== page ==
In the fact-based era before Donald Trump—when presidents of the United States didn’t embrace pernicious conspiracy fantasies and retweet Muslim-bashing neofascist videos, and credibly accused pedophiles weren’t frontrunners in U.S. Senate races—Project Veritas might not have survived, or at minimum would have sustained severe damage, after the sort of devastating expose’ published this past week by the Washington Post.
Instead, right-wing sting artist James O’Keefe—who runs the handsomely funded, seven-year-old non-profit that personally paid him $317,000 in 2016—is brazenly celebrating his perfidy and raising money off of what would, in dimly remembered normal times, have been universally judged a humiliation.
In its brilliant investigation of O’Keefe’s suburban New York-based outfit, the Post conducted a reverse-sting operation, complete with the kind of hidden-camera confrontation that O’Keefe has made his bones on (prompting high-level firings at NPR and the unraveling of the left-wing organization ACORN years ago, among other notorious O’Keefe operations).
With Post reporter Stephanie McCrummen grilling O’Keefe plant Jaime T. Phillips in a Northern Virginia restaurant, the Post revealed Project Veritas’ foiled attempt to dupe the newspaper into publishing Phillips’s hoax that Alabama Republican Senate nominee Roy Moore, the odds-on favorite in the Dec. 12 special election, impregnated her as a 15-year-old girl in 1992 and then drove her across state lines for a Mississippi abortion.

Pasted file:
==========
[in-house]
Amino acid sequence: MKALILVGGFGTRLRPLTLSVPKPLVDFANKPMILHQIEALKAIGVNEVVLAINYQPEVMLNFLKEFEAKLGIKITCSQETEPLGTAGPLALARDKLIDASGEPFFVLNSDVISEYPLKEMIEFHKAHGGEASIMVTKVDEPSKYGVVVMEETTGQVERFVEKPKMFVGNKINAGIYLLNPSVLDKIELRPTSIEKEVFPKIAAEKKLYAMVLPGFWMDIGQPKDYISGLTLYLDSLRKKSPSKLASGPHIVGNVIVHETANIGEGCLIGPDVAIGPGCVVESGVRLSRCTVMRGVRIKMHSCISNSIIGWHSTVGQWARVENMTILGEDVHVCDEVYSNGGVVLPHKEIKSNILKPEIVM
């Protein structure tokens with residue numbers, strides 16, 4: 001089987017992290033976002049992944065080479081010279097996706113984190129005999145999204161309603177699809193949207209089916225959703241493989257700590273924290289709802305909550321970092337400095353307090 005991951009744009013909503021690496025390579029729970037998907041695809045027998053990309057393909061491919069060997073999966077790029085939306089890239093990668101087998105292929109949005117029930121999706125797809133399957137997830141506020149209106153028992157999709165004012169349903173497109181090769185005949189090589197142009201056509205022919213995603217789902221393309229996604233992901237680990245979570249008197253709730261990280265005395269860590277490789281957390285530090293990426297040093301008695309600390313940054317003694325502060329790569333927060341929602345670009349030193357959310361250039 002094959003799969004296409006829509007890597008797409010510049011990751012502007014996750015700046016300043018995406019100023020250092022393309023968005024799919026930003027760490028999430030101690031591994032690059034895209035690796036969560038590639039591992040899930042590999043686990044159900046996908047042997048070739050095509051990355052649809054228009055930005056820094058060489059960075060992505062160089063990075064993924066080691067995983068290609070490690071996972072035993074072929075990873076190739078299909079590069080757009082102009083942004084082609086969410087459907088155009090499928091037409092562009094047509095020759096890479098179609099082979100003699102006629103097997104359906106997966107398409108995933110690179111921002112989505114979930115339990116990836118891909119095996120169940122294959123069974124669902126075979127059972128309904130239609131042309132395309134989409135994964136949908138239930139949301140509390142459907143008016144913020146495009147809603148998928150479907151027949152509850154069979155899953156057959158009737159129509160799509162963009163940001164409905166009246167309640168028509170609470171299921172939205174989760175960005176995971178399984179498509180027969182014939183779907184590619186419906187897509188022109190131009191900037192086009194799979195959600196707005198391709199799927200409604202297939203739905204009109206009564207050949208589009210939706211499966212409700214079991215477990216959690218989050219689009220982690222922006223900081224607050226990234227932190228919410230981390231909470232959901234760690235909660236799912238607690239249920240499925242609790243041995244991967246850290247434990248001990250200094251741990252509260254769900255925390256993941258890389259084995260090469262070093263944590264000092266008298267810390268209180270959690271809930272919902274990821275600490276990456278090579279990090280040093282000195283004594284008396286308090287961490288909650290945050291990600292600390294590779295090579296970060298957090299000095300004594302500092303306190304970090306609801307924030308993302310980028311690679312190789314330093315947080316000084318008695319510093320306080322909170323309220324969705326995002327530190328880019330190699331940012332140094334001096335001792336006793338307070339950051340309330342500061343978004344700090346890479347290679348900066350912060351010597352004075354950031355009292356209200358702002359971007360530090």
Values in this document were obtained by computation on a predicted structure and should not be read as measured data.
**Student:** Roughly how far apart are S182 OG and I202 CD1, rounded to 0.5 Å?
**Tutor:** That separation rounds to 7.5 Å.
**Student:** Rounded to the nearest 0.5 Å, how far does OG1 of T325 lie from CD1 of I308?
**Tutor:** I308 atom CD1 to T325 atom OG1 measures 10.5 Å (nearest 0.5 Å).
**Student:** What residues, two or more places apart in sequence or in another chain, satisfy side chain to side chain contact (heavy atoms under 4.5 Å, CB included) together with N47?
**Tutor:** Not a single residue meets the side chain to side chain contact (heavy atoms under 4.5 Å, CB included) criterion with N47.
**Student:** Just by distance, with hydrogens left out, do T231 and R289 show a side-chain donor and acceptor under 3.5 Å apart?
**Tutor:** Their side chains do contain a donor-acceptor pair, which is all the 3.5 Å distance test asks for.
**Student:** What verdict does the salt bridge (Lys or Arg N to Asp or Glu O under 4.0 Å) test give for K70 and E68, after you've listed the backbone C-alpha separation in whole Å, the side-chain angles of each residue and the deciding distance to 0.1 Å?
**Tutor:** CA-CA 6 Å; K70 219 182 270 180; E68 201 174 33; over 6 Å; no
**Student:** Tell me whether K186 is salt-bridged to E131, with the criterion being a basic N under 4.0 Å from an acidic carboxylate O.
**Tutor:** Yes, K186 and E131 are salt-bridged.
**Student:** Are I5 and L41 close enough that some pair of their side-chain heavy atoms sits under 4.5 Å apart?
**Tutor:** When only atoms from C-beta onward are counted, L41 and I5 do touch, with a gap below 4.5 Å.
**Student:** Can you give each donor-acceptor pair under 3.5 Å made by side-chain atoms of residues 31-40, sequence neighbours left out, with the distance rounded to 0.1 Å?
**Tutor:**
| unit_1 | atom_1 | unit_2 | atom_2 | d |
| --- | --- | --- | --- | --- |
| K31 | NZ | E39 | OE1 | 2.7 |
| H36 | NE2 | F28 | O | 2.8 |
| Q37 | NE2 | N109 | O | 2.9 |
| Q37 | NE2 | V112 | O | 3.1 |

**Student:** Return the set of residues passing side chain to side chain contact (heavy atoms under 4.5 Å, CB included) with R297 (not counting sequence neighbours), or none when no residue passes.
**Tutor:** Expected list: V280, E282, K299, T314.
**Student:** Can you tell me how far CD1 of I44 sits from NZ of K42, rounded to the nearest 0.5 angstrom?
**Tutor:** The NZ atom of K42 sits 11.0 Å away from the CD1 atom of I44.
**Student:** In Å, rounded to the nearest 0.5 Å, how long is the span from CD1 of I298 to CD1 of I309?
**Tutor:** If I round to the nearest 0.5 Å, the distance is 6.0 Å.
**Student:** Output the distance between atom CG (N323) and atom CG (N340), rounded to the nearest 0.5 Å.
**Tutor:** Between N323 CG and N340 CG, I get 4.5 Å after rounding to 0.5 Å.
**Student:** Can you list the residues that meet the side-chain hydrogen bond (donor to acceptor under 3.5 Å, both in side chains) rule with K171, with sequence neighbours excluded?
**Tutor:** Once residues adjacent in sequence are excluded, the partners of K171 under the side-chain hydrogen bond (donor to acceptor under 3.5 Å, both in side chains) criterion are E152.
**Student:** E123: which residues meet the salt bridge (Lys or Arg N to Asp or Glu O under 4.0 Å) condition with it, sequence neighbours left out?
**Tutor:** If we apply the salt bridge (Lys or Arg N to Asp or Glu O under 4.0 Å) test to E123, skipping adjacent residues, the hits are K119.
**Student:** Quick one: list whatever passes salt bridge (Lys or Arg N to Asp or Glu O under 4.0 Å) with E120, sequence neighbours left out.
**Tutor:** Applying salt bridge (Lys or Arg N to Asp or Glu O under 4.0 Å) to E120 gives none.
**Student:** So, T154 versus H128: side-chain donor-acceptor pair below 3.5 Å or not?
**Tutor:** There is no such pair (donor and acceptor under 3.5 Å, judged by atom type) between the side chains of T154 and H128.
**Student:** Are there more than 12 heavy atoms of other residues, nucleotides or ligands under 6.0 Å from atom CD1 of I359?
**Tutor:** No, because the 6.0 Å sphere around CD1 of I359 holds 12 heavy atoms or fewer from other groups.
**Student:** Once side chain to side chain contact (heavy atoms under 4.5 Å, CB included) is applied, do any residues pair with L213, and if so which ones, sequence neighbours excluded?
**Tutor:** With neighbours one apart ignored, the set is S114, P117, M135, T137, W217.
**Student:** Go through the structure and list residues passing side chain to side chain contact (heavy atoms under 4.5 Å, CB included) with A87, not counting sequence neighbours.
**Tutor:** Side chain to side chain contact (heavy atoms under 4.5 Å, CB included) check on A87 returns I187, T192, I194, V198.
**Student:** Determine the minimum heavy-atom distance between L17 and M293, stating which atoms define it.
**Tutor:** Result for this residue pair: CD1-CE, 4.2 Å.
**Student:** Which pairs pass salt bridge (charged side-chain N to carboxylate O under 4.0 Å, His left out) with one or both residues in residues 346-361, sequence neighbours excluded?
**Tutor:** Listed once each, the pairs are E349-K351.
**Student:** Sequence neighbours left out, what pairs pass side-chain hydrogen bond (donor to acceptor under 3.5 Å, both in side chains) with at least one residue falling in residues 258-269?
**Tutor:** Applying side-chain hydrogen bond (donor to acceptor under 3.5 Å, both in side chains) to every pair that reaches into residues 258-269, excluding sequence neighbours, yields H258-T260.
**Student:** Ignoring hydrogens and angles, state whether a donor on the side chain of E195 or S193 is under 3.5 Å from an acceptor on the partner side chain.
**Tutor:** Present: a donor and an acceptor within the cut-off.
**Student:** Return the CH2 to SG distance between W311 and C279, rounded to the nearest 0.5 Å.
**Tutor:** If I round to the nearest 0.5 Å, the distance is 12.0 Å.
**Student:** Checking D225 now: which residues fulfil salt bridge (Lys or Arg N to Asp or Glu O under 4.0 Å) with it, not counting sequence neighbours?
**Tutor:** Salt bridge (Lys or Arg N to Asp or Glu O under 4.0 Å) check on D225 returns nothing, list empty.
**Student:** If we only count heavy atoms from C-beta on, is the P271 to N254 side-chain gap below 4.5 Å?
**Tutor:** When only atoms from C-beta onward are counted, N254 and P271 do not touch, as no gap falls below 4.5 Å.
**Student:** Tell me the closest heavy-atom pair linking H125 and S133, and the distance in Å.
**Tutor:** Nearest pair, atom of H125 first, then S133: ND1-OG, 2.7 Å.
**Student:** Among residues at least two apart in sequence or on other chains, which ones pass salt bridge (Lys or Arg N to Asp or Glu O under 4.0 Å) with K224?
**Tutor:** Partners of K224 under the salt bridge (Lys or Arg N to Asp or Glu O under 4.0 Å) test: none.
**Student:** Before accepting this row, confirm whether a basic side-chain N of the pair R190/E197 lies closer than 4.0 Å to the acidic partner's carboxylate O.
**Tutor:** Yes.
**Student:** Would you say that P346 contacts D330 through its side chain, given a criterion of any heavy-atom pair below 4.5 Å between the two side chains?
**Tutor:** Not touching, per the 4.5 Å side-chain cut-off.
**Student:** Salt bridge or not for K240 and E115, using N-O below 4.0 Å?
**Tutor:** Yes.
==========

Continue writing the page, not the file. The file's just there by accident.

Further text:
Under McCrummen’s interrogation about inconsistencies in her narrative—including a GoFundMe page on which Phillips announced, “I’ve accepted a job to work in the conservative media movement to combat the lies and deceipt [sic] of the liberal MSM”—Phillips dodged, weaved and ultimately folded.
“I think I probably just want to cancel and not go through with it at this point,” she nervously told McCrummen, before retrieving her purse, apparently outfitted with a hidden camera, and getting up to leave. “I’m not going to answer any more questions. I think I’m just going to go.”
The Orwellian O’Keefe quickly spun this embarrassing defeat as a glorious victory.
“You know the mainstream media wants to destroy us because we are going after them,” he said in a Periscope posting on the Project Veritas Facebook page. “It’s not about the techniques. It’s about the nature of what we’re exposing. Nobody else is willing to do it. The press has so much power. It doesn’t necessarily use that power for good. We’re going to expose their lies and indiscretions. Nothing is going to stop us. They’re out for blood. We’re not going to surrender. Trust me about that.”